Shown above is a sample matter phase diagram plot which allows the user to manipulate the ratio of latent heat (L), temperature, and volume change (ΔV) where the latter two are approximated using linear functions. Some interesting parameters to use are negative ΔV values as inputting these parameters show how the phase boundary behaves when the system is compressed.

Shown below is another sample diagram which uses the parameters ΔS and ΔV instead.

enter image description here

Another type of plot which I created is able to create the exact phase boundary for matter phase transitions. This plot is able to create the actual pressure phase line by allowing the user to linearly approximate dP/dT (change in pressure versus temperature). It then integrates this linear equation to plot the matter phase boundary in terms of vapor pressure. The equation that I used here was dP/dT = mT+ Pi. In this equation, m is the linear change parameter and Pi is the initial pressure condition. These parameters can be determined experimentally or they can be predicted parameters. The following is the code used to create the plot and its output (with specific conditions).

Style["dP/dT = mT+\!\(\*SubscriptBox[\(P\), \(i\)]\)", Purple, 
    Bold] -> 
   Manipulate[
    Show[{RegionPlot[
       p > Evaluate[(Integrate[(m s + b) , s] /. s -> v)], {p, 0, 
        500}, {v, 0, 50}, 
       PlotLabel -> 
        Style["Approximate dP/dT as mT+\!\(\*SubscriptBox[\(P\), \
\(i\)]\)", FontFamily -> "Times", Bold, 20, Darker@Purple], 
       PlotStyle -> Red, 
       PlotLegends -> 
        Style["Condensed Phase", Blue, FontFamily -> "Times", Bold, 
         14], FrameLabel -> {Style["Temperature", Bold, 12, 
          Darker@Purple], Style["Pressure", Bold, 12, Darker@Purple]},
        PlotTheme -> "Business", 
       BoundaryStyle -> {Thick, Darker@White}], 
      RegionPlot[
       p < Evaluate[(Integrate[(m s + b) , s] /. s -> v)], {p, 0, 
        500}, {v, 0, 50}, PlotStyle -> Blue, 
       BoundaryStyle -> {Thick, Darker@White}, 
       PlotLegends -> 
        Style["Gaseous Phase", Red, FontFamily -> "Times", Bold, 14], 
       PlotTheme -> "Business"]}],

    {{m, 2, Style["m", Darker[Purple]]}, -2, 3, 
     Appearance -> "Labeled"},
    {{b, 1, 
      Style["\!\(\*SubscriptBox[\(P\), \(i\)]\)", 
       Darker[Purple]]}, -5, 10, Appearance -> "Labeled"}
    ]

  }]

These are two matter phase diagram plots with interesting conditions that affect the concavity of the phase boundary. Note that in the second diagram there exists a possible triple point at which the system switches to a liquid phase rather than remaining in its gaseous state (as shown in red). The possible triple point is (100,15) in temperature-pressure coordinates.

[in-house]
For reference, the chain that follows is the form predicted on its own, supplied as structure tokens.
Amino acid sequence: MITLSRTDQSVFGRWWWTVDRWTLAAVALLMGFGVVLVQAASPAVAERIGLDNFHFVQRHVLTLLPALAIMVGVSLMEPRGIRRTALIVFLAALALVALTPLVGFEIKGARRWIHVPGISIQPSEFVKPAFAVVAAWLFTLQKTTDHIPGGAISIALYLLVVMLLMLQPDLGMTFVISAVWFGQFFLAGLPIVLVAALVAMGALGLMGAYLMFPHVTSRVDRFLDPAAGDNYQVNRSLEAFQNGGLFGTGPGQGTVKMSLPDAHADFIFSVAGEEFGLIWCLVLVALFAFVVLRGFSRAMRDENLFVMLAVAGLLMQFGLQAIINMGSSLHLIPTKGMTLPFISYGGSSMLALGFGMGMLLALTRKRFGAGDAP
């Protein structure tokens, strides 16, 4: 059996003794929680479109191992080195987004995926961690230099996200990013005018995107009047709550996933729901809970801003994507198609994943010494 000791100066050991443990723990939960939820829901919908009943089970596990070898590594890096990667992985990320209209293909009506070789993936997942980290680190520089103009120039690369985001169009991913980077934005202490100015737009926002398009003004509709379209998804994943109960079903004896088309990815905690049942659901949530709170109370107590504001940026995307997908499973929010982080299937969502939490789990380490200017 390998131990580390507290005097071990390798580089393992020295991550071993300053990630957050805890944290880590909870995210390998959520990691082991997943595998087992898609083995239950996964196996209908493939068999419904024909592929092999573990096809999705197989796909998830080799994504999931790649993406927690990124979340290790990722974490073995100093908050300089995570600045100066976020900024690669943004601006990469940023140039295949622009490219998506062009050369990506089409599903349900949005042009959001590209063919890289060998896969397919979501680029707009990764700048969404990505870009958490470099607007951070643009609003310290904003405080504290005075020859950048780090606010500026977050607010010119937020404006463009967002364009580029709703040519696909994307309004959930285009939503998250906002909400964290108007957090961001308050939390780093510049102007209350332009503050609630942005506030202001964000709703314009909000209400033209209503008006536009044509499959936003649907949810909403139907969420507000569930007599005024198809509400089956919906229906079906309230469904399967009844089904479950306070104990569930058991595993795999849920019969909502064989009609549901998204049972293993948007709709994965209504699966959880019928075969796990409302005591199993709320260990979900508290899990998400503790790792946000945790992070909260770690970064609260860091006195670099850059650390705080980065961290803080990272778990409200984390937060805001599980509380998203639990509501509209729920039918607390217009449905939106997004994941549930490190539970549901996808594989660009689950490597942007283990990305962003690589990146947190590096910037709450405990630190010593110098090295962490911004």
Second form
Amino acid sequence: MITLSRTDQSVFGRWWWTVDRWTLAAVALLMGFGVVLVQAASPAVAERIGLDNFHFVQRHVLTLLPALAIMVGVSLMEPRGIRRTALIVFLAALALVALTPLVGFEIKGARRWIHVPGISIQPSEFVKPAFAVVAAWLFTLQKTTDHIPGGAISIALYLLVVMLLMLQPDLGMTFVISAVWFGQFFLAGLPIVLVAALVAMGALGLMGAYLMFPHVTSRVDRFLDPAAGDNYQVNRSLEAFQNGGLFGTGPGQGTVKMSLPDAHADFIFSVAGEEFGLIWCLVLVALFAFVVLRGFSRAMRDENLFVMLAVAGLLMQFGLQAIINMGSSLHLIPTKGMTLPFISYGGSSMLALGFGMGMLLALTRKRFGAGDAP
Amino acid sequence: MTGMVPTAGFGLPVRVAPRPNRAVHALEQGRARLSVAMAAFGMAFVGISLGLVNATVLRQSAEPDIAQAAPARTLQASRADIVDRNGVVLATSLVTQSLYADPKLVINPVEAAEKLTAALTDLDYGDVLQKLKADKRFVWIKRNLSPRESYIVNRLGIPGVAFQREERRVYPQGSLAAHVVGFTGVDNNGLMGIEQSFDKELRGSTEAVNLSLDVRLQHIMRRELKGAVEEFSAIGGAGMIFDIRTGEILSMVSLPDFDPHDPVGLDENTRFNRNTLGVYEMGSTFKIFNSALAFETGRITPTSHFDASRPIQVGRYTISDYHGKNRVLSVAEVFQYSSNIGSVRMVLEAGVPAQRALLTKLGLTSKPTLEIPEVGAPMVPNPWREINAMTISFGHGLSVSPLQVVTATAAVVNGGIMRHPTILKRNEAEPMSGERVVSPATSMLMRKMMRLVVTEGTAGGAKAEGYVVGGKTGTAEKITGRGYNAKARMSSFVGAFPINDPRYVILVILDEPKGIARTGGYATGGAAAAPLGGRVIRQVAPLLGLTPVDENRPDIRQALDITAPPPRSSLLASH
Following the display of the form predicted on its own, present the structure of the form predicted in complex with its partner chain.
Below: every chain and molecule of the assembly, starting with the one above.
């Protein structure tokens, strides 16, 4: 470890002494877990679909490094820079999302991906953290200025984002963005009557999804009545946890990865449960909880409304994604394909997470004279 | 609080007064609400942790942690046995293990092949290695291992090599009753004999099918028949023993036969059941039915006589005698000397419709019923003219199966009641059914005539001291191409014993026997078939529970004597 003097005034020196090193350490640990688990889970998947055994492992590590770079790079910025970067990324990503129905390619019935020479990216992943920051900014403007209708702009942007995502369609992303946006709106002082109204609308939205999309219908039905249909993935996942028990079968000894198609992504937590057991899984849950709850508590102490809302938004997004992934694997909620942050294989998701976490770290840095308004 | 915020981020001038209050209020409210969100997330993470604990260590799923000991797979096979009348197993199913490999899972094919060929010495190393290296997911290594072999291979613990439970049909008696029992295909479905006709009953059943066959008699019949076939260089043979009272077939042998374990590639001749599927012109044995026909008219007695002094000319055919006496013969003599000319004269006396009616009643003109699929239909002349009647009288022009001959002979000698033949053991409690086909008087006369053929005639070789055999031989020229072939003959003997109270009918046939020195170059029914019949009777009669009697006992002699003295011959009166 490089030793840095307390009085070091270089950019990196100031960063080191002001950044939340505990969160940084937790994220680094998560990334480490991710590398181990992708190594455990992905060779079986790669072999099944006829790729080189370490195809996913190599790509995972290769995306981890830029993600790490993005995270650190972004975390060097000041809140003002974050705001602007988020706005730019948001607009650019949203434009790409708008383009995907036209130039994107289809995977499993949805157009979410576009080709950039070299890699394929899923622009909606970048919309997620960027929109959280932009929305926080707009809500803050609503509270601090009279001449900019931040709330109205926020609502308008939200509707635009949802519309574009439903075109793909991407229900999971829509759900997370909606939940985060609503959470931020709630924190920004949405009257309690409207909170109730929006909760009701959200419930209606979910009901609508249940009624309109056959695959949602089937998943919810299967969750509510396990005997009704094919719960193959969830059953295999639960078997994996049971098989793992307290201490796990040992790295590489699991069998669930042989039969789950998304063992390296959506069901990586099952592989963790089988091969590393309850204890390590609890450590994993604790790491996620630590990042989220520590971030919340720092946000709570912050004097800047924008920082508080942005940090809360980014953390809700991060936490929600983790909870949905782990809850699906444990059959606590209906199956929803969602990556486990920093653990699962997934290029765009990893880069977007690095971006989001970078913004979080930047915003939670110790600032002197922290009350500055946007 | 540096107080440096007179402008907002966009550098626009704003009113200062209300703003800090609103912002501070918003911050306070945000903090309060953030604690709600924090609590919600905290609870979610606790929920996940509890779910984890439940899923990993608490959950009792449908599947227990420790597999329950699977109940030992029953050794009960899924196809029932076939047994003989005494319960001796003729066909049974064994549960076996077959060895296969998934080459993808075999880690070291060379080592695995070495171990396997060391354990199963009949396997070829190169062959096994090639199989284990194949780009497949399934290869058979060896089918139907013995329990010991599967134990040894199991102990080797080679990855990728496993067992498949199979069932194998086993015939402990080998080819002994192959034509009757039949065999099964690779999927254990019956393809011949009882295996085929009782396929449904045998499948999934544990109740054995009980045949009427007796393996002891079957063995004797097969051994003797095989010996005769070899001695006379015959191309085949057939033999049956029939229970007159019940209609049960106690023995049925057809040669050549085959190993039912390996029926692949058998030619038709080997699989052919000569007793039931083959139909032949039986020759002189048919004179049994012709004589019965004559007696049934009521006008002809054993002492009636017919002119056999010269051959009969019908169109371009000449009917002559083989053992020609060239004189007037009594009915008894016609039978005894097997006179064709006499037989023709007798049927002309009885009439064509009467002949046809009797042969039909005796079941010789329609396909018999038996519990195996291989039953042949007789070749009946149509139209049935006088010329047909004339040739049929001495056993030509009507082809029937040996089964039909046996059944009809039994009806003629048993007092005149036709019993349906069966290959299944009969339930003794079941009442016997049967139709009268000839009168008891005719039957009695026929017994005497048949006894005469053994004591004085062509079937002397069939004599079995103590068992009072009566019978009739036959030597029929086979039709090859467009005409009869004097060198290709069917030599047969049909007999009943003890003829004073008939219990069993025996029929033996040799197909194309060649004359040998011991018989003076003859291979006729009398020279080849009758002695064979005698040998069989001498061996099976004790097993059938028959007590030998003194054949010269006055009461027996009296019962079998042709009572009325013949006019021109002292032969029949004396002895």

enter image description here enter image description here

Conclusion

Four different forms of the Clausius-Clapeyron equation were used in the creation of these diagrams which plot the general behavior of the phase boundary. The first form of the Clausius-Clapeyron equation used was for magnetic systems. In magnetic systems, the phase boundary determined by the Clausius Clapeyron equation marks the transition between an ordered ferromagnetic or antiferromagnetic state below the phase line to a disordered paramagnetic state above the phase line in magnetic materials. This phase boundary is in expressed as a scalar applied magnetic field as a function of temperature. The other three forms of the Clausius-Clapeyron equations used in this program are for matter phase change systems. In these forms, the phase boundary marks the transition between a gaseous state below the phase line to a condensed matter state above the phase line. These phase boundaries are expressed in terms of a scalar vapor pressure as a function of temperature.

Further work could further the generalization of the Clausius-Clapeyron Relation to magnetic and similar thermodynamic systems and use other approximation techniques. Ultimately, programs like the one created here should be used in the experimental process when generating thermodynamic data and phase diagrams of real-world systems and materials.

Attachments:
POSTED BY: Kemal Aziz
Answer
18 days ago

Group Abstract Group Abstract